Regardless of political or religious affiliations, all parents want their children to thrive, instead of suffer.
When parents picture their children thriving, they envision qualities and family values like these:
- Being responsible, ethical, honest, accountable and respectful of others.
- The ability to take on challenges with the confidence to reach their full potential.
- The self-discipline to succeed independently even if hard work is required, then contribute to their communities and maintain a strong country.
- The willingness and capacity to pursue academic or creative success.
- The mental and emotional fortitude to cope with stress and adversity, leading to a long, productive, and healthy life.
- The range of hard and soft skills to be in demand in the current workforce and play important roles in organizations or succeed in their own businesses·
For all our children to thrive, it’s time to teach them the skills that will help them so they avoid many of the painful circumstances that afflict so many lives.
- Depression and traumas
- Drug abuse
- Violence, including domestic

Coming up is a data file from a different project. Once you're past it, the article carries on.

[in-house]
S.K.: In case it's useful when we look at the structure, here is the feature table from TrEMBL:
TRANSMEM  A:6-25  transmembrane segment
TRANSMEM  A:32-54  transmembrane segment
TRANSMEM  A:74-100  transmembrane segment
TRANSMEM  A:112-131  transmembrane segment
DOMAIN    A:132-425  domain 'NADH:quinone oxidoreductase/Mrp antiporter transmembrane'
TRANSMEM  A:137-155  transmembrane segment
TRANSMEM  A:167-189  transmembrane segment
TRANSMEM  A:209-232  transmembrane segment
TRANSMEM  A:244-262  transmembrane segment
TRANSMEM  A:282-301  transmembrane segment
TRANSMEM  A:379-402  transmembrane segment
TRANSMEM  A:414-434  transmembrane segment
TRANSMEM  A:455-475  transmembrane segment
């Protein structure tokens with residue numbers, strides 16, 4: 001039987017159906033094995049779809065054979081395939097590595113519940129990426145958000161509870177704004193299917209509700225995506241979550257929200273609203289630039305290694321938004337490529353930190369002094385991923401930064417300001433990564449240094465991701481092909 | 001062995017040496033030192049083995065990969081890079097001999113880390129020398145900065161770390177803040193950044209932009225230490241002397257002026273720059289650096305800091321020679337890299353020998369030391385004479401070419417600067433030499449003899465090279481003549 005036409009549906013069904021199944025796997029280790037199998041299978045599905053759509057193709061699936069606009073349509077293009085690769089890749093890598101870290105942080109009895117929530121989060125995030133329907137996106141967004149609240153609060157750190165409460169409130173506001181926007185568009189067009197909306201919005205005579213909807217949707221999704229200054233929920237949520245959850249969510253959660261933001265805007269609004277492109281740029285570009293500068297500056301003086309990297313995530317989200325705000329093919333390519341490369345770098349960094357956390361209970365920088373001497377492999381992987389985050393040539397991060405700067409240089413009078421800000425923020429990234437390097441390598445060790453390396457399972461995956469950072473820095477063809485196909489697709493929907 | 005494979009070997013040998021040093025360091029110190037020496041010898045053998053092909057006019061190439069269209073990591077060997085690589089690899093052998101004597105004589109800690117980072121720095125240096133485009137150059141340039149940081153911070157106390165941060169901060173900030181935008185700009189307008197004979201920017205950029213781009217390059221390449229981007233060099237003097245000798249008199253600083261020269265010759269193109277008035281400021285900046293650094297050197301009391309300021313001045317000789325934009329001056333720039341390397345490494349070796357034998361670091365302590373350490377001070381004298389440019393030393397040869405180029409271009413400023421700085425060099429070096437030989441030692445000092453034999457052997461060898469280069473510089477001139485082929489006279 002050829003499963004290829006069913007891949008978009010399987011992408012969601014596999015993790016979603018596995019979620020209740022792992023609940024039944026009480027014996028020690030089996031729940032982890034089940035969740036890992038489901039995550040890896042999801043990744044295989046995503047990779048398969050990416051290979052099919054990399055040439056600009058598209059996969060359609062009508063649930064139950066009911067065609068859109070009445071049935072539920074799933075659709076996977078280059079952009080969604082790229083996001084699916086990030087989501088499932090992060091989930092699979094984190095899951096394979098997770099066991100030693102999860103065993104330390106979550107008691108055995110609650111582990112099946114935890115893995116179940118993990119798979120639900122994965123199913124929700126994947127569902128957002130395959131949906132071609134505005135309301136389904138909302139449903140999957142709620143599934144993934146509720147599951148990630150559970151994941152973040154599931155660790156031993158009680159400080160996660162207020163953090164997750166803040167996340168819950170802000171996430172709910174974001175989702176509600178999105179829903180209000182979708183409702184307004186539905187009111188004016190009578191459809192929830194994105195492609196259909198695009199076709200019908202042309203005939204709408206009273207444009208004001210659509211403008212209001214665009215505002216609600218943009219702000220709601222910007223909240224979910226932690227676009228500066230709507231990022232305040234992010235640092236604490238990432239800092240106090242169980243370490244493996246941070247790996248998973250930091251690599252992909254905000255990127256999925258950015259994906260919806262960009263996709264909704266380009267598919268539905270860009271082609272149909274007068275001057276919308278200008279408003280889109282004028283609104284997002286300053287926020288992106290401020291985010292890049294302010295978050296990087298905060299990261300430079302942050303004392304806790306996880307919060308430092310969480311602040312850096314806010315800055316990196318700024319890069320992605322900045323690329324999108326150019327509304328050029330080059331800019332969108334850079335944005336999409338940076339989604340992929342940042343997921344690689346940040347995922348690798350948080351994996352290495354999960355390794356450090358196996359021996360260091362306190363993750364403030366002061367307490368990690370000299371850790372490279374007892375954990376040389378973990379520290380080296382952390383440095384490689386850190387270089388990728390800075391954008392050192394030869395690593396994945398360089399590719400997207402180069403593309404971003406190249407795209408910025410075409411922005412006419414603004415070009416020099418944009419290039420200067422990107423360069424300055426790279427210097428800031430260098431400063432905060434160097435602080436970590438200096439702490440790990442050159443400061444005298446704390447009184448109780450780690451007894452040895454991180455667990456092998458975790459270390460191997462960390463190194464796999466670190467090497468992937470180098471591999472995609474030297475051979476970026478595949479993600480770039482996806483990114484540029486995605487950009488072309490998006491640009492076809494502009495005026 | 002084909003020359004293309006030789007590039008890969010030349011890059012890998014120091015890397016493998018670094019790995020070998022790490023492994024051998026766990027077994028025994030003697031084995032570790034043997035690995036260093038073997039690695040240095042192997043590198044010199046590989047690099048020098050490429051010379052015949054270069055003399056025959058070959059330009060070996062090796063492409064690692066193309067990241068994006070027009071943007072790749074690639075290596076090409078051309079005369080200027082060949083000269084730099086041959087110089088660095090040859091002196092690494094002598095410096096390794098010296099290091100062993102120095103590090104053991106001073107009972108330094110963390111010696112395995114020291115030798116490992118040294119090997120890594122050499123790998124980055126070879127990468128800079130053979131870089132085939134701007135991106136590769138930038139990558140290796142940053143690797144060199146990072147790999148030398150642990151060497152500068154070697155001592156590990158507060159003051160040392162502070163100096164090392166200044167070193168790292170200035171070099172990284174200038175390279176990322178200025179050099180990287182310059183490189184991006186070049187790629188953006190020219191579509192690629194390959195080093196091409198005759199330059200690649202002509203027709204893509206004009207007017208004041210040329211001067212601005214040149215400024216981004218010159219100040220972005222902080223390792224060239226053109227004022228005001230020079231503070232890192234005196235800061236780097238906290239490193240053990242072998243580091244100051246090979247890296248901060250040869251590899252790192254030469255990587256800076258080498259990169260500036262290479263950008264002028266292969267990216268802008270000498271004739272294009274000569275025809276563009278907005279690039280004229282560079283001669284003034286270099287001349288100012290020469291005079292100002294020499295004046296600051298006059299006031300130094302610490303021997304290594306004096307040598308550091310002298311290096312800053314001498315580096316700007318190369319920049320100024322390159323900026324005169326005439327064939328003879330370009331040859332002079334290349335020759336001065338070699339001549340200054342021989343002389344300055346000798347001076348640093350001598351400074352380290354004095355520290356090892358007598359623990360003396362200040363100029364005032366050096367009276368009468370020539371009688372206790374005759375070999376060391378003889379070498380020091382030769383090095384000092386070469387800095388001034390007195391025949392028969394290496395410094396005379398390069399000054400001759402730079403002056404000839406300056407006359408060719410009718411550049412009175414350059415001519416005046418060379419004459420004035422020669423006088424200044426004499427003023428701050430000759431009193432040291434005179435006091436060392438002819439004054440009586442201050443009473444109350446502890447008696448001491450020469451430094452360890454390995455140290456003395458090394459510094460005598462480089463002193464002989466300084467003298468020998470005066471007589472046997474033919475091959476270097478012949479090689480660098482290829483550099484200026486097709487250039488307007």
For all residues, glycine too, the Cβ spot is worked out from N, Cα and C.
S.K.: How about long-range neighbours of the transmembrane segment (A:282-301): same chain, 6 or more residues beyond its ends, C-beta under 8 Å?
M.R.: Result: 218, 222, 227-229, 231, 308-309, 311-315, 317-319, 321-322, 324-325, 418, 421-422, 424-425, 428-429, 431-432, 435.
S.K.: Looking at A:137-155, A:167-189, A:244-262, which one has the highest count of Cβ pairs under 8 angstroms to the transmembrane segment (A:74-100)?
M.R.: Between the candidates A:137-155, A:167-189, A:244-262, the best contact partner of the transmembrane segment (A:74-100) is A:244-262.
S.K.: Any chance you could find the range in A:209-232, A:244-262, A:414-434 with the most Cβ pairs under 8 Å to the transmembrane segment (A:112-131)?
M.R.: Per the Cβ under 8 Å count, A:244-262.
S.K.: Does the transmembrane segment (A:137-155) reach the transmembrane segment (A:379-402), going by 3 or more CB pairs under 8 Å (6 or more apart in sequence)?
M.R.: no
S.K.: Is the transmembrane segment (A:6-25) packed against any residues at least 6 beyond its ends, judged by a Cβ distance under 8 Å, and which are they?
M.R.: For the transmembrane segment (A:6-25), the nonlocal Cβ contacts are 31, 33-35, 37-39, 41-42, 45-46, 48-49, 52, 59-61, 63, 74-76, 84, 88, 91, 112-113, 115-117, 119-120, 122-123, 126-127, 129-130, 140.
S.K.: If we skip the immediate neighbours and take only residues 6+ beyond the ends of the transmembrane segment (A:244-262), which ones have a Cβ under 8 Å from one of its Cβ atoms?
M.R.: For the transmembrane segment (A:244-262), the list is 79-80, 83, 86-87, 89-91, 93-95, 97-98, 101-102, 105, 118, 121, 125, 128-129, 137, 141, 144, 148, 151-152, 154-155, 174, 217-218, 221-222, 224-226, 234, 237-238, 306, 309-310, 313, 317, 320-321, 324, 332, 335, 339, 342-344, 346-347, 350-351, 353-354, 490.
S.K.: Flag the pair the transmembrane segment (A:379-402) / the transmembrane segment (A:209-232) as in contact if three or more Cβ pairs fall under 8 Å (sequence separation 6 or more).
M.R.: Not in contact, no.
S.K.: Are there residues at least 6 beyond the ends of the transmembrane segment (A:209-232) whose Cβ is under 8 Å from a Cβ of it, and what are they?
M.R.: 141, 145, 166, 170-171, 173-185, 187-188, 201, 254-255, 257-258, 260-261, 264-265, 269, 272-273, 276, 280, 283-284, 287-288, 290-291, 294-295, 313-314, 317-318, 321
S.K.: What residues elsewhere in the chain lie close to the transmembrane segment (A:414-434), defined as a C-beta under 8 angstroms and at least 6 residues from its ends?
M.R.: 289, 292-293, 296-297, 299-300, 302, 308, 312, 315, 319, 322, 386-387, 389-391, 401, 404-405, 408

These conditions undermine families, communities, and ultimately our country. They require costly interventions that are often paid for by parents, relatives, tax payers, and charities.
In short, it’s better – and cheaper – to raise emotionally healthy and capable kids than to fix broken adults.
So, how do we do this?
Parents at home do the best they can to impart values and ways of being in life in a successful way. Why not have schools back you up by teaching all our kids the essential life skills to manage life’s challenges and thrive.
In education jargon, teaching these skills goes by the clunky name of Social-Emotional Learning. But these are the traditional – and necessary – life skills for success that develop responsible, self-managing, and caring adults.
Let’s be sure that all our schools support your desire that your children gain the skills they need to thrive and be their best selves. And that your children attend schools where all students are learning to be, and relate to each other from, their best selves.